Rick Santorum Mega Donor Wants Him To Run Again

NATIONAL HARBOR, Md. -- Foster Friess, the wealthy conservative businessman who became a political fixture after funding former Sen. Rick Santorum’s presidential campaign in 2012, says he wants the Pennsylvania Republican to run again.

“Anything he does, I’m for,” Friess said, while roaming the halls of the Conservative Political Action Conference. “He is the most wonderful human being on the face of the earth.”

Friess donated $2.1 million to the Red White & Blue Fund, a super PAC that helped keep Santorum afloat as he challenged, and nearly defeated, the much better-funded Mitt Romney in the Republican primary. But when asked if he'd make a similarly large contribution in 2016, Friess hinted strongly that he’s wouldn’t. “I’m not a political animal,” he said. The publicity that came with being a so-called mega donor clearly bothered him.

“When I was found out to be a Santorum backer, I had 60 interviews,” he said. “Ted Koppel sent a crew from New York. Ted Turner sent a crew from Atlanta. I thought they were trying to figure out what I like about this Santorum. You know what the whole message was? How could this wealthy guy steal democracy from the little guy, with all this money? That was the whole gist of the message.”

That’s part of the story. But Friess brought some of the attention on himself when he infamously remarked during an interview that back in his day, women "used Bayer aspirin for contraceptives. The gals put it between their knees, and it wasn’t that costly.”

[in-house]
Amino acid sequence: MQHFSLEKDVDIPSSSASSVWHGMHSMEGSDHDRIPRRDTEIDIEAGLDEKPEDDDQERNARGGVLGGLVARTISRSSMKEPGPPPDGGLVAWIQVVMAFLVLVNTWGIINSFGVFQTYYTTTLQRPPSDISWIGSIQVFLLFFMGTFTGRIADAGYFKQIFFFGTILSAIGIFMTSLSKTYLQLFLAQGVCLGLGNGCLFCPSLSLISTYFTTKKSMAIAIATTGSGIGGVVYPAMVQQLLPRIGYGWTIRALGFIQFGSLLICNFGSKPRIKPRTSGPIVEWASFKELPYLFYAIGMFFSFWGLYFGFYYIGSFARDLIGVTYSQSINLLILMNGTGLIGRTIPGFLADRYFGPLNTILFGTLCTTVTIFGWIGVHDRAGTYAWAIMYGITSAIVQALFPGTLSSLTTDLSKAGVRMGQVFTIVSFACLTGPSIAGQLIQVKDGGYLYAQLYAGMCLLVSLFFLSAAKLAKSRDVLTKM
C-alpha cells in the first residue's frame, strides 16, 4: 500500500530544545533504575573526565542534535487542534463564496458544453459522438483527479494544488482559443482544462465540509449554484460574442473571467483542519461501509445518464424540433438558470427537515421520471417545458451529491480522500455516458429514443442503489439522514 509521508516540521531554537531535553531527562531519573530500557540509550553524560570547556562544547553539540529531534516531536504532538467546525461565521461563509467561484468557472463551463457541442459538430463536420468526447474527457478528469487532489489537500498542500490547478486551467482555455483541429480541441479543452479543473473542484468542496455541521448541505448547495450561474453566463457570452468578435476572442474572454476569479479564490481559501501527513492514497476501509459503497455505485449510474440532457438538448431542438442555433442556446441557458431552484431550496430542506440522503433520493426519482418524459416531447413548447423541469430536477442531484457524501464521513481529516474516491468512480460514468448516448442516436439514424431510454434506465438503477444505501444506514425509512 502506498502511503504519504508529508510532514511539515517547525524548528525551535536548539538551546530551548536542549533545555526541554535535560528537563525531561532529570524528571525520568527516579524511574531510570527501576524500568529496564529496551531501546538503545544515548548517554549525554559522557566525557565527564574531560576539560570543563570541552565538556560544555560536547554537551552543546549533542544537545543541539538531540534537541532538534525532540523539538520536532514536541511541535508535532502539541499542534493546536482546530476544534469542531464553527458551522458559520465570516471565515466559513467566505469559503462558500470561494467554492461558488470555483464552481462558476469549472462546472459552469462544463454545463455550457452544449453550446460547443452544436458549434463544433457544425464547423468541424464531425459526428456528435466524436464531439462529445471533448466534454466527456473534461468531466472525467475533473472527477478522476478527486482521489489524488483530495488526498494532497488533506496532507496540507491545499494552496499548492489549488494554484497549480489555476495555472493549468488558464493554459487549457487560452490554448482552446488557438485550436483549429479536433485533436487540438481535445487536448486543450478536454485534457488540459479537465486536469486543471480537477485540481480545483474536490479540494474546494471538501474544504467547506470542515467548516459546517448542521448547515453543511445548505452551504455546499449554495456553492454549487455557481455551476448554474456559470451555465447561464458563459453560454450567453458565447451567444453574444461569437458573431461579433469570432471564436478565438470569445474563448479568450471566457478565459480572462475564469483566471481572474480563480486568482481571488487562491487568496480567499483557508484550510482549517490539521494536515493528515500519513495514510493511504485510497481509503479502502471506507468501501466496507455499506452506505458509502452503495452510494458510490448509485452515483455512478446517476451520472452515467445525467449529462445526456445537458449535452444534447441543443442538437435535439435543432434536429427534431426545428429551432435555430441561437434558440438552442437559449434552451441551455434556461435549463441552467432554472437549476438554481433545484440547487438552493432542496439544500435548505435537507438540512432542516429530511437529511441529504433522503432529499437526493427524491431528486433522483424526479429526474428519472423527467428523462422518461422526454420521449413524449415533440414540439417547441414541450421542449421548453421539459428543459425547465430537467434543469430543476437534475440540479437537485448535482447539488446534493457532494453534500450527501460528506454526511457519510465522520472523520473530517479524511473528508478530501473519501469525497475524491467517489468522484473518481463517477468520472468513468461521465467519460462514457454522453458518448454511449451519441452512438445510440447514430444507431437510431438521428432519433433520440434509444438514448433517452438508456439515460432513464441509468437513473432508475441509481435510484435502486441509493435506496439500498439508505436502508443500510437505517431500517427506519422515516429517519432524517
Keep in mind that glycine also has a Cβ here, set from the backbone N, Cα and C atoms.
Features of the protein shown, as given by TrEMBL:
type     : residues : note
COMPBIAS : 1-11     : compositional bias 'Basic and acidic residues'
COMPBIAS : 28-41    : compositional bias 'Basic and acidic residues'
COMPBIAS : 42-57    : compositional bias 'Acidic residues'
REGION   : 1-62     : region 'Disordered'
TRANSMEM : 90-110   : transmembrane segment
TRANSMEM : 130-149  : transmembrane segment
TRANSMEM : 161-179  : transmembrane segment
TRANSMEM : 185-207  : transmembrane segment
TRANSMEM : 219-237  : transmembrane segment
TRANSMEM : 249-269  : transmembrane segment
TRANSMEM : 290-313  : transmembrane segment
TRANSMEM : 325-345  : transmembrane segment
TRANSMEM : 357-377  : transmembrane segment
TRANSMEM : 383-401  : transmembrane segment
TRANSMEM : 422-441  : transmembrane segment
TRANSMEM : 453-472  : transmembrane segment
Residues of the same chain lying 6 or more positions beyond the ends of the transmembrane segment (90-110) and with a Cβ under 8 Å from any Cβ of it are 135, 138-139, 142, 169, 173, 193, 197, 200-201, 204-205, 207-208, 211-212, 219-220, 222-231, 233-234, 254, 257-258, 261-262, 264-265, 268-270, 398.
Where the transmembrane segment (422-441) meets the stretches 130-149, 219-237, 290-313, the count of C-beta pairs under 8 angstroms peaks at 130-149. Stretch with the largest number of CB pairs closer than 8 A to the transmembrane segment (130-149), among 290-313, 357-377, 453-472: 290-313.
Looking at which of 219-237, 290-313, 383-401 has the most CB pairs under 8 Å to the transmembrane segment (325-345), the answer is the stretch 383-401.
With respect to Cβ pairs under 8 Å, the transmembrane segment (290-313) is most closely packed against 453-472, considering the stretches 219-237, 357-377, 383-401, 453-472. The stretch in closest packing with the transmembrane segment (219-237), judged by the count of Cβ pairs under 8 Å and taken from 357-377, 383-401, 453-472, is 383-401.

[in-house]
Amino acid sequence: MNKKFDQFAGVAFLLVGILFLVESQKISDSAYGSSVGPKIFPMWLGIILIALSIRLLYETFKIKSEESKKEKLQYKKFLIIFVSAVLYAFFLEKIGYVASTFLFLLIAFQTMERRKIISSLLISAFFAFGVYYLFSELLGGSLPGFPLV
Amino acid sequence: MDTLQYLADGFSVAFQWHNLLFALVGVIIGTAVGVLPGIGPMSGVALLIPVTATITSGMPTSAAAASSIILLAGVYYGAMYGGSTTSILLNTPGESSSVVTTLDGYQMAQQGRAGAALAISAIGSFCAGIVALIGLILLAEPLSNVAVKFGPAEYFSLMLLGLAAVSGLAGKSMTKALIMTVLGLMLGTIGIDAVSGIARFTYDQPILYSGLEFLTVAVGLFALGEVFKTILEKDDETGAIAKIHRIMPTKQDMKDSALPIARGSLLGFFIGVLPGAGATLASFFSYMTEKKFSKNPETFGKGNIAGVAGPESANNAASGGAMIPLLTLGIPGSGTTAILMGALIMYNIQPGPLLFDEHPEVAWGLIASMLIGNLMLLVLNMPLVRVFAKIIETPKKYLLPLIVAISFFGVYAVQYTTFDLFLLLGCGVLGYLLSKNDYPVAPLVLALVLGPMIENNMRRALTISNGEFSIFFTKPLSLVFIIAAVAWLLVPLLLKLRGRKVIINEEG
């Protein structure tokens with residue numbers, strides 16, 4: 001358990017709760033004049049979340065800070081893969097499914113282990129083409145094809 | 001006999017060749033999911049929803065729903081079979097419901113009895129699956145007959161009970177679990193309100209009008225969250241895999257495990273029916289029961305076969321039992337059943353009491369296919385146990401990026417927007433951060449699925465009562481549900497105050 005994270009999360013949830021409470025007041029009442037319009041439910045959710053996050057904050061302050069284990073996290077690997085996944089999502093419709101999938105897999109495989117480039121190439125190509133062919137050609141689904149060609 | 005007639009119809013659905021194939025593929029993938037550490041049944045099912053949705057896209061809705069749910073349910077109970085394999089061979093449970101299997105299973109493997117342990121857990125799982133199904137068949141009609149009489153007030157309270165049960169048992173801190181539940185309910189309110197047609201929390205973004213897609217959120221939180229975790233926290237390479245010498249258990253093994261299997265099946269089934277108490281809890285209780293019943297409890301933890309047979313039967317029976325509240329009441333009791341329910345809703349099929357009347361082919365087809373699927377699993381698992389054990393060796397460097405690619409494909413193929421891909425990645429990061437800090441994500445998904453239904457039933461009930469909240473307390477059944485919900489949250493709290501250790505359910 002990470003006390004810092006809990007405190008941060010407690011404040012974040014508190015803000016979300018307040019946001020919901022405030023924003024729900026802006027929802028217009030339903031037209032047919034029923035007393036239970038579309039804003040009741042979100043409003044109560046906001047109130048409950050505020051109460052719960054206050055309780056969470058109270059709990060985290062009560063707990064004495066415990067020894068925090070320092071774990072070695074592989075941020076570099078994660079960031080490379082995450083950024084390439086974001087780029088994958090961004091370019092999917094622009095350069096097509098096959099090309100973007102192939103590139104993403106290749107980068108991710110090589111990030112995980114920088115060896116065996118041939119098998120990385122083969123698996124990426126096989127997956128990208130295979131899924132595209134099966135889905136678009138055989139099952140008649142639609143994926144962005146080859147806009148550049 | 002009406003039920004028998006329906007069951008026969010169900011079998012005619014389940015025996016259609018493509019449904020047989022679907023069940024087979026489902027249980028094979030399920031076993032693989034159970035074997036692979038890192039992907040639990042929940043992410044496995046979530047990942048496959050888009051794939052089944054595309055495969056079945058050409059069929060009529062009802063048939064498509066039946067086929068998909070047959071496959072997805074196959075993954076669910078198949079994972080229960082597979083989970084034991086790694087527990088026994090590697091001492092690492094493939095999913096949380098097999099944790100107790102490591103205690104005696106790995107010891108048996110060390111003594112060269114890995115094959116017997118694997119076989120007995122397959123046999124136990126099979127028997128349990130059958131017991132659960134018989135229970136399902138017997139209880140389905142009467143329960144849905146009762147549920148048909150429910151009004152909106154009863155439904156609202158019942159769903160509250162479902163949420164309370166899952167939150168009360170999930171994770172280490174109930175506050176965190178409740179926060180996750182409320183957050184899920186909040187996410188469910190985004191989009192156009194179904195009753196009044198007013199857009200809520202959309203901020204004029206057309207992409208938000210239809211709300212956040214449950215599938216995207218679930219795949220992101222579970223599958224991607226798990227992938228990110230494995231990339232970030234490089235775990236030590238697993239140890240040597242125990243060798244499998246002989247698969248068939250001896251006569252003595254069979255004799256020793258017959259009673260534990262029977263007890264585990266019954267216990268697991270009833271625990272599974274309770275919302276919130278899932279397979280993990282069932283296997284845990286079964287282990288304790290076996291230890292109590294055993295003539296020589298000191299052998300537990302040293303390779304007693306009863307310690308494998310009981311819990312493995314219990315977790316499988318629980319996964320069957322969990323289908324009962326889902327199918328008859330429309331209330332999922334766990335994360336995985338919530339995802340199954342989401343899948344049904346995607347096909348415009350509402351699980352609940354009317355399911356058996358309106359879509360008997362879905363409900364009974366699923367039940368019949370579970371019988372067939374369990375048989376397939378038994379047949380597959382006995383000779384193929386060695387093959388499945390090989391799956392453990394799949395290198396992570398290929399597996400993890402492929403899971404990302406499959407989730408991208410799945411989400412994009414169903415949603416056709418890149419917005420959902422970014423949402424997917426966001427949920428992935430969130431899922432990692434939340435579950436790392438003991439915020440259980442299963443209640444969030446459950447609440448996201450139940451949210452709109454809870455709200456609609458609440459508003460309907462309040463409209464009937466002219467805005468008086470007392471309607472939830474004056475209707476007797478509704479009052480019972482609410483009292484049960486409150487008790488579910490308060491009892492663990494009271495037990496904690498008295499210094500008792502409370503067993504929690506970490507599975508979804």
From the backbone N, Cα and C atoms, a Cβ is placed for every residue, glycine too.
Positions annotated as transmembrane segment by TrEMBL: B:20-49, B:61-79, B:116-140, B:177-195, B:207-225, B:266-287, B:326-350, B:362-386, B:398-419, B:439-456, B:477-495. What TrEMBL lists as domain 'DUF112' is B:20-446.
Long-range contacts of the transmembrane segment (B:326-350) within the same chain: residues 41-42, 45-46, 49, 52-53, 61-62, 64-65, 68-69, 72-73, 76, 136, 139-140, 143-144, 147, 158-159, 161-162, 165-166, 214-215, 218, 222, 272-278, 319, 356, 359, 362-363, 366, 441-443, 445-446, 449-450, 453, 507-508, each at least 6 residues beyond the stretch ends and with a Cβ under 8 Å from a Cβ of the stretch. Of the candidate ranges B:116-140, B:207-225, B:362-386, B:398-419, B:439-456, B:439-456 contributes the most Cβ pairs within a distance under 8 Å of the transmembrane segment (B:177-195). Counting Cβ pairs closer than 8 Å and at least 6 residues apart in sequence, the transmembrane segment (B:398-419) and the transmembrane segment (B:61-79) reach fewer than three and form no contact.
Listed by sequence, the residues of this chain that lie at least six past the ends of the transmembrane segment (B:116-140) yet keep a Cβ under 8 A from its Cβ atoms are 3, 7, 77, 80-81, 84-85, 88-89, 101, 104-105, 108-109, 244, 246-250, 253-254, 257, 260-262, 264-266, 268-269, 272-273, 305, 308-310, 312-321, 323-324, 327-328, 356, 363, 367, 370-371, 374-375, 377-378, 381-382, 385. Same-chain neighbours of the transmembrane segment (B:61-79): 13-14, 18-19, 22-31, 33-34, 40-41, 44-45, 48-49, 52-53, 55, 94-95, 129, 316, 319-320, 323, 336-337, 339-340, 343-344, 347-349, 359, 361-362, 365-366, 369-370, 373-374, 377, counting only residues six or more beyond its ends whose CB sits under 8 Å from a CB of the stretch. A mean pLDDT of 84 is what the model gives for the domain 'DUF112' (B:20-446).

“That aspirin comment only sparked interested because I was a Santorum supporter,” he insisted on Friday. “I think it was an attempt to try and tie that into I’m against contraceptives. Contraceptives have been very, very good to me. I have four kids, two years apart.”

Even if he wouldn’t personally be setting up a super PAC to support his favored candidate, Friess said he expects more money to be spent in the 2016 presidential race than the 2012 one. He would prefer if there were no super PACs at all, he added, arguing that it would be cleaner if donors like him could give unlimited amounts of money straight to a candidate, provided they disclosed their names.

“If I had my way, you could give as much money to candidates as you wanted without all these superficial, phony, around the back door deals," he said. "But you have to be reported and disclosed. It is a shame."